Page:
Open letter to Mr Crabb

Dear Mr Crabb,

I guess its been a bit of a roller coaster weekend for you, on Saturday morning you were preparing for your surgery and a days relaxation. Then you got some kind of communication from Mr C about a job going at the DWP,  to take over from Mr Duncan Smith, a job you clearly like the look of. And so, from a Christian, and a Youth worker, congratulations on taking it on.

Alot of people wanted to give Mr Duncan Smith substantial hope in the role, see we all know he is a Christian, and we thought, and still want to think that he acted with compassion in the decisions that he either made or was told to make.

With you we give double the hope, and expectation, you see for a long while now not only Christians, but people involved in youthwork have been wanting someone to rally to their cause, or at least be in government who has a sense of what kind of society many youthworkers, and Christians would have as common, as communities flourishing, for common good and equality.

From the youthwork fraternal we hope that you dont forget the values, the virtues, the principles of youth work, neither the plight of young people you encountered, the families and the structures people have to fight through to get their voice heard, their issue dealt with or their needs recognised. Let alone that a person marginalised be afforded the possibility that they might be actually gifted, good at something or encouraged. From your involvement in youth work, you must realise and know this, and so I hope that in your new role you dont forget about equality, about compassion, about people meaning more than an economic data set, figure, target or outcome.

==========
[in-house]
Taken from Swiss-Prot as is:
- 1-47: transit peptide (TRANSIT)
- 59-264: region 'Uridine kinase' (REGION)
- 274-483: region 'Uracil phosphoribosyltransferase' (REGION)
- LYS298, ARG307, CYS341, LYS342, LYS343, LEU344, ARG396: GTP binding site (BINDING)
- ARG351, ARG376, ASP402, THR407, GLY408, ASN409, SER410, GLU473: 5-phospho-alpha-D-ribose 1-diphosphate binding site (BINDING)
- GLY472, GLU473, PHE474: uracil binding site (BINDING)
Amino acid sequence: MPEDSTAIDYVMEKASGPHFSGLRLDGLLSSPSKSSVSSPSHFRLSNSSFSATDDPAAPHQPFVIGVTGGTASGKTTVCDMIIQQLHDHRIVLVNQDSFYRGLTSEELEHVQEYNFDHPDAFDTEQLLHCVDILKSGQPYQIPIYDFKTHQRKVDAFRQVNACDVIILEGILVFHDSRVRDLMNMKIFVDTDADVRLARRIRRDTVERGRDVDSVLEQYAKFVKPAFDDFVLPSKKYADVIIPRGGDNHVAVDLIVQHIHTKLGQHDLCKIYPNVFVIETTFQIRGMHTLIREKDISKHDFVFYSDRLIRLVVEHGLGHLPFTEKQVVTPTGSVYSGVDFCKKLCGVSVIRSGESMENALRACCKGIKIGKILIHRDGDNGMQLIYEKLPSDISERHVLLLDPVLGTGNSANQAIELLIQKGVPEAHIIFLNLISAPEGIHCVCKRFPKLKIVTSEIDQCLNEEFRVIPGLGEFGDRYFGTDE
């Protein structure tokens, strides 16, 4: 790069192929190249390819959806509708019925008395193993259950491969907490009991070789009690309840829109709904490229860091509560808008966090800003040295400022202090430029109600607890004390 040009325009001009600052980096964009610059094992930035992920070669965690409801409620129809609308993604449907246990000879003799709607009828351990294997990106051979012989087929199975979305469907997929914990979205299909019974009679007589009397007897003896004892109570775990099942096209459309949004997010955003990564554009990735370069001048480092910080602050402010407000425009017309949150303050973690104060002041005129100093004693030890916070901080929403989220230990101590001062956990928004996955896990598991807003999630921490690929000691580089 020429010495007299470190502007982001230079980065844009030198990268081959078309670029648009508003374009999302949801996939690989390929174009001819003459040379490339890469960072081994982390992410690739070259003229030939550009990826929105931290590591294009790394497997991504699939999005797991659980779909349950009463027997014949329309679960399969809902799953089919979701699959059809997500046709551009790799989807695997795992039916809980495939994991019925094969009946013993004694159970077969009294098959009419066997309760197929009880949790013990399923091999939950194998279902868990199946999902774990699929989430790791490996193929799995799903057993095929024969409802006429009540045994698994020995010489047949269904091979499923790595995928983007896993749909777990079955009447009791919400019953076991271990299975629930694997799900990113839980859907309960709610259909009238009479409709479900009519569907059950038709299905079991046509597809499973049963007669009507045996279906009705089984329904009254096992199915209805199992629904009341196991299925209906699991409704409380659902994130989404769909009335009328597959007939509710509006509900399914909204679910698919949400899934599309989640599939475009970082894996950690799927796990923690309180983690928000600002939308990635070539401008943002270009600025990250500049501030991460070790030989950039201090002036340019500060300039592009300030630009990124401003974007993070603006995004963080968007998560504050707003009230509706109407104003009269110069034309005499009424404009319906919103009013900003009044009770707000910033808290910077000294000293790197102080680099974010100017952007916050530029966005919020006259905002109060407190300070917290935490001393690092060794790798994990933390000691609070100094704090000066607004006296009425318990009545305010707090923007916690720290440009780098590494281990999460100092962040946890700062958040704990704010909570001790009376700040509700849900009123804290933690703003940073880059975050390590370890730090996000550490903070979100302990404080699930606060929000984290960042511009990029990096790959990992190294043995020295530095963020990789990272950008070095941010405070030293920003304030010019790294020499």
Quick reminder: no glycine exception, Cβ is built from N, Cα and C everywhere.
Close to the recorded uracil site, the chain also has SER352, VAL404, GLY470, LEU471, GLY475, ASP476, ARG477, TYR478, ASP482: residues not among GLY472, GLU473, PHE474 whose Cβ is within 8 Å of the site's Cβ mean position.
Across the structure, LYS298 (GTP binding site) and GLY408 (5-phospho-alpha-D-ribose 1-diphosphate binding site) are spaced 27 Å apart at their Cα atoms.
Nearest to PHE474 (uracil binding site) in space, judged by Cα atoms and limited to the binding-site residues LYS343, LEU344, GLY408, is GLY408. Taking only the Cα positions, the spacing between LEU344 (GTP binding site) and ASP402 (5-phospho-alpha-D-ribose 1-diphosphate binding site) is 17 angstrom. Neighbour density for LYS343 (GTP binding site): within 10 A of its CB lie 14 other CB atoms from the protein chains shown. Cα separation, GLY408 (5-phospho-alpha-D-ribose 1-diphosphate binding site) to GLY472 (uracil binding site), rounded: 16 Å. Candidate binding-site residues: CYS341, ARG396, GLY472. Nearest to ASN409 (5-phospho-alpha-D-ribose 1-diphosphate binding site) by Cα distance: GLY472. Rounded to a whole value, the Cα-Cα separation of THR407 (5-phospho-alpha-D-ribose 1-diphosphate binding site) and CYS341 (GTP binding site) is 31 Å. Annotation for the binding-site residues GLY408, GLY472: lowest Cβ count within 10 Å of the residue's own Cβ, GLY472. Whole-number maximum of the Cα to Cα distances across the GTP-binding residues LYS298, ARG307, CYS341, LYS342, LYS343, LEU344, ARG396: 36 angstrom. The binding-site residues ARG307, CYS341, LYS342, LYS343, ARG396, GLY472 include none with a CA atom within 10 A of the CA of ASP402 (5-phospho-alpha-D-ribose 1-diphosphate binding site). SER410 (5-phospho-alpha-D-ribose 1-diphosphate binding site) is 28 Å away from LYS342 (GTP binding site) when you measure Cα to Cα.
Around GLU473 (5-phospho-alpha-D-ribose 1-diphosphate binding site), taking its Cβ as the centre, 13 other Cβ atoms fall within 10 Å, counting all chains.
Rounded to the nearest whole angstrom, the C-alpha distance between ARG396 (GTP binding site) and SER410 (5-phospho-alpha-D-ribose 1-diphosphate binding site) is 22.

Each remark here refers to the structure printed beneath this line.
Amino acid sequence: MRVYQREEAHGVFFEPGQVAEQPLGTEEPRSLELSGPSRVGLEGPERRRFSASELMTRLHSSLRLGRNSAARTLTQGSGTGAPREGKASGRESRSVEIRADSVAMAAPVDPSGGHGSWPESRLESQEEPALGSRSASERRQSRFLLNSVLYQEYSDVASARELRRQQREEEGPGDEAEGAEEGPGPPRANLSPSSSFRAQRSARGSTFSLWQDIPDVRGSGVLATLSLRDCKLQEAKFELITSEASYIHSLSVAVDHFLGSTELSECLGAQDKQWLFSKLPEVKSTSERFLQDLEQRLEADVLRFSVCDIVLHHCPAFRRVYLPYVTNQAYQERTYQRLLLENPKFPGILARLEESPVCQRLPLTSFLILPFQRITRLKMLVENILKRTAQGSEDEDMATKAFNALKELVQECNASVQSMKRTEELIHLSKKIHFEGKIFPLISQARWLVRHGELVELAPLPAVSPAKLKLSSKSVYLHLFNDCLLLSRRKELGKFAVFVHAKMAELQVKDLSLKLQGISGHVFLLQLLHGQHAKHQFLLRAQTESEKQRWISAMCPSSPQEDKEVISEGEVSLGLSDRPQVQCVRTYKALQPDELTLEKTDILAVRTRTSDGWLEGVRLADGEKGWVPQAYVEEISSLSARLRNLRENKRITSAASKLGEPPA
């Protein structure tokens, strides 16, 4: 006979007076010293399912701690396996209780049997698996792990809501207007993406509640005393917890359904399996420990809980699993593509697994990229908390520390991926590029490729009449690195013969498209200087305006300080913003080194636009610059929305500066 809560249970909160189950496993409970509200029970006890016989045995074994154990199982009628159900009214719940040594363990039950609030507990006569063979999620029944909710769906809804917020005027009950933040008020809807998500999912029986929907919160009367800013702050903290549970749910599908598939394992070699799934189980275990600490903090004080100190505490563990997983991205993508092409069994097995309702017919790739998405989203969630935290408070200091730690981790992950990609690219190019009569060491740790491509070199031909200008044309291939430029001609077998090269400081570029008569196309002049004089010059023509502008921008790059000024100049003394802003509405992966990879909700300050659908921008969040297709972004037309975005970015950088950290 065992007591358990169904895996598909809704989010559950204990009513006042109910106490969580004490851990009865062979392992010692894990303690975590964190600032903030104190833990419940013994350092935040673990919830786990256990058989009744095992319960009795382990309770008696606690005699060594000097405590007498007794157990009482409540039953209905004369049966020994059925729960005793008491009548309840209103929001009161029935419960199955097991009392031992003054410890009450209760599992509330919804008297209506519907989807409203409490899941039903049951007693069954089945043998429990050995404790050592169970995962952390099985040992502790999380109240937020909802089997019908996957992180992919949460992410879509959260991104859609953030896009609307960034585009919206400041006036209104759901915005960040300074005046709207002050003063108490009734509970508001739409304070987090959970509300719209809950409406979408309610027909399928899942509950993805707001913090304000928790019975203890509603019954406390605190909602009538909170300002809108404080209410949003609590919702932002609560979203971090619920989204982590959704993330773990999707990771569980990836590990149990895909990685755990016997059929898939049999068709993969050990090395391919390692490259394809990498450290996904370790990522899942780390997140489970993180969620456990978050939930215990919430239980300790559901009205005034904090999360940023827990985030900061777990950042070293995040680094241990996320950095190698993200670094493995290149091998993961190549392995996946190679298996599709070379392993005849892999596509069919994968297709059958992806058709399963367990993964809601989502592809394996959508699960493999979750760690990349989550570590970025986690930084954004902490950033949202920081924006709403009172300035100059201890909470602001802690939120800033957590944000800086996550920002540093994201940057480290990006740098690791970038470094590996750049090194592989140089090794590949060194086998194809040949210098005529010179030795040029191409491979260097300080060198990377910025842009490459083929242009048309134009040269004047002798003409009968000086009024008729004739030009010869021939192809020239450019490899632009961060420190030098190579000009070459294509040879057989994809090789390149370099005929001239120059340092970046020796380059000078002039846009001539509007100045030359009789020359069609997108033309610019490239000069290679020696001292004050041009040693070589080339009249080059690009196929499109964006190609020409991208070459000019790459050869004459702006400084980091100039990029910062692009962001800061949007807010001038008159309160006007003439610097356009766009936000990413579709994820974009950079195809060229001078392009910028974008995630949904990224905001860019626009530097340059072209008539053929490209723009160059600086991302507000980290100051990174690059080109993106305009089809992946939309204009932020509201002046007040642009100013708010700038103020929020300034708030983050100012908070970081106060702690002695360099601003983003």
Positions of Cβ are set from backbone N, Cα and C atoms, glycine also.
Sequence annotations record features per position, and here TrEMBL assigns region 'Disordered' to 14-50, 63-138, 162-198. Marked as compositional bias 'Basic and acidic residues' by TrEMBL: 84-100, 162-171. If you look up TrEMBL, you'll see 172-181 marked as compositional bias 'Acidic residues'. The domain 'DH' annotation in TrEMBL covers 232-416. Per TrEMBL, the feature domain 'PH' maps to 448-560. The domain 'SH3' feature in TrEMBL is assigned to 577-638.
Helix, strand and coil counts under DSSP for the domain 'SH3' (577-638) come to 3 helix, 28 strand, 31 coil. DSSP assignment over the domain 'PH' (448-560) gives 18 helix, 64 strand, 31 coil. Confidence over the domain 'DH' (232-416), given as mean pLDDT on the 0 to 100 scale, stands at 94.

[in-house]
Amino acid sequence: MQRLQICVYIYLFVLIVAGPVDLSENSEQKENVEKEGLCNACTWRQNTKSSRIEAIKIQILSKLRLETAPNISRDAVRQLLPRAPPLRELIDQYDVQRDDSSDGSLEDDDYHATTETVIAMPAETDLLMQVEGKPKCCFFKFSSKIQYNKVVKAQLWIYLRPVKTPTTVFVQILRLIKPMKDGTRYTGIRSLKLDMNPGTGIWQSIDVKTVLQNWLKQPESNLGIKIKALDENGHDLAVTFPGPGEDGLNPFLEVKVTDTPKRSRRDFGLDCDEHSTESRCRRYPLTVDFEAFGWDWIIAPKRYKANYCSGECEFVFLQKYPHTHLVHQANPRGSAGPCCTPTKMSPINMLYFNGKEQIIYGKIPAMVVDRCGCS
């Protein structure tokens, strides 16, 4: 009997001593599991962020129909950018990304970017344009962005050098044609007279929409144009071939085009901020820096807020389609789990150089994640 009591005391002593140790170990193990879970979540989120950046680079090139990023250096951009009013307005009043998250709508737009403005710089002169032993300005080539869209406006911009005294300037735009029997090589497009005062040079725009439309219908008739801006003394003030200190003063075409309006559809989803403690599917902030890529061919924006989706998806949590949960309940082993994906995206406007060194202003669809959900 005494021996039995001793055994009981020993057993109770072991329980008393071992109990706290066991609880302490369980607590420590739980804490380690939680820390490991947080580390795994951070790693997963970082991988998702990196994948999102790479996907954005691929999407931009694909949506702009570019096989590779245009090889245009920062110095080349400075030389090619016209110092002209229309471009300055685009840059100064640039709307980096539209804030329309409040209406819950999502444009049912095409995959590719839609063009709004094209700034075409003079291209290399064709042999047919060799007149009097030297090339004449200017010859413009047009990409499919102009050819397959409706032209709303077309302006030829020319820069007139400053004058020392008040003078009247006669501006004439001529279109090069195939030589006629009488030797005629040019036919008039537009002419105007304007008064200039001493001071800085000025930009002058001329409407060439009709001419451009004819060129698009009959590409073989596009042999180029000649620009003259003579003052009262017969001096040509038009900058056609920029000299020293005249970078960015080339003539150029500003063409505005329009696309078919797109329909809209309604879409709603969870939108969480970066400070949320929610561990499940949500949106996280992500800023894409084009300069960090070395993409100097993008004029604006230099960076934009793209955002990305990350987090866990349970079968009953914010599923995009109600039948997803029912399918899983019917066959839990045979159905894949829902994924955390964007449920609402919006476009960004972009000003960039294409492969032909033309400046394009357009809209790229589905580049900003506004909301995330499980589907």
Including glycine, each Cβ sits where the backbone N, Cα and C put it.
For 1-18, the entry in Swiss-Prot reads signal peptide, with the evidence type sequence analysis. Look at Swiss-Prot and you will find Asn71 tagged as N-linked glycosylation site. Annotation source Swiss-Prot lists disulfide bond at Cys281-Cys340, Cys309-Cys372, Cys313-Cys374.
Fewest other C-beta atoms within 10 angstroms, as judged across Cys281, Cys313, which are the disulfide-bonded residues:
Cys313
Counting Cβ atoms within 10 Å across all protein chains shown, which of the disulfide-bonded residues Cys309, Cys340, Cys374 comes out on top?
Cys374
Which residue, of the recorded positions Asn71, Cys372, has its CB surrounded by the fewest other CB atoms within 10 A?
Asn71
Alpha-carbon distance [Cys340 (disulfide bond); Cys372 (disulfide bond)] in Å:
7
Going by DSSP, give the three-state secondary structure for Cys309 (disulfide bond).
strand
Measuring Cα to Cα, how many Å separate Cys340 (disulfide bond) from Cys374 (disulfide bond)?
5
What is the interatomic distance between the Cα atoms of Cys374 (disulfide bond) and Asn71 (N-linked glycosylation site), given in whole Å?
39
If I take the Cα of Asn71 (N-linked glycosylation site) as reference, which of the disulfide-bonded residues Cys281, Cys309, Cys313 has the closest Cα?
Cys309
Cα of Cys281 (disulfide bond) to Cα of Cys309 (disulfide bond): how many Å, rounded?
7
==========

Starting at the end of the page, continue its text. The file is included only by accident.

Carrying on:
Many youthworkers in the UK have lost their jobs, mainly because the government reduced local authority budgets and the first things to go were the non-statutory work – especially that amongst young people. This meant that many young people and families in communities have less people who can actually help them, for their help and flourishings sake. Please do not forget then, that any cuts and reductions made to them, are also accompanied by considerable reductions in support, in services and help they may have had before. In effect a double whammy.  The poorest have been hit the most, those with complex needs, and whose potential has been wasted, ignored and derided by the actions of the government have been reduced to being narrated as scroungers or less than hard working.

So Mr Crabb, you have our prayers, and thoughts, and expectancy, we hope you can impinge on your leaders the hope you once had for young people and communities in your past, the methods that brought about change, and the regard for humanity that is more human, true and Christ-like.





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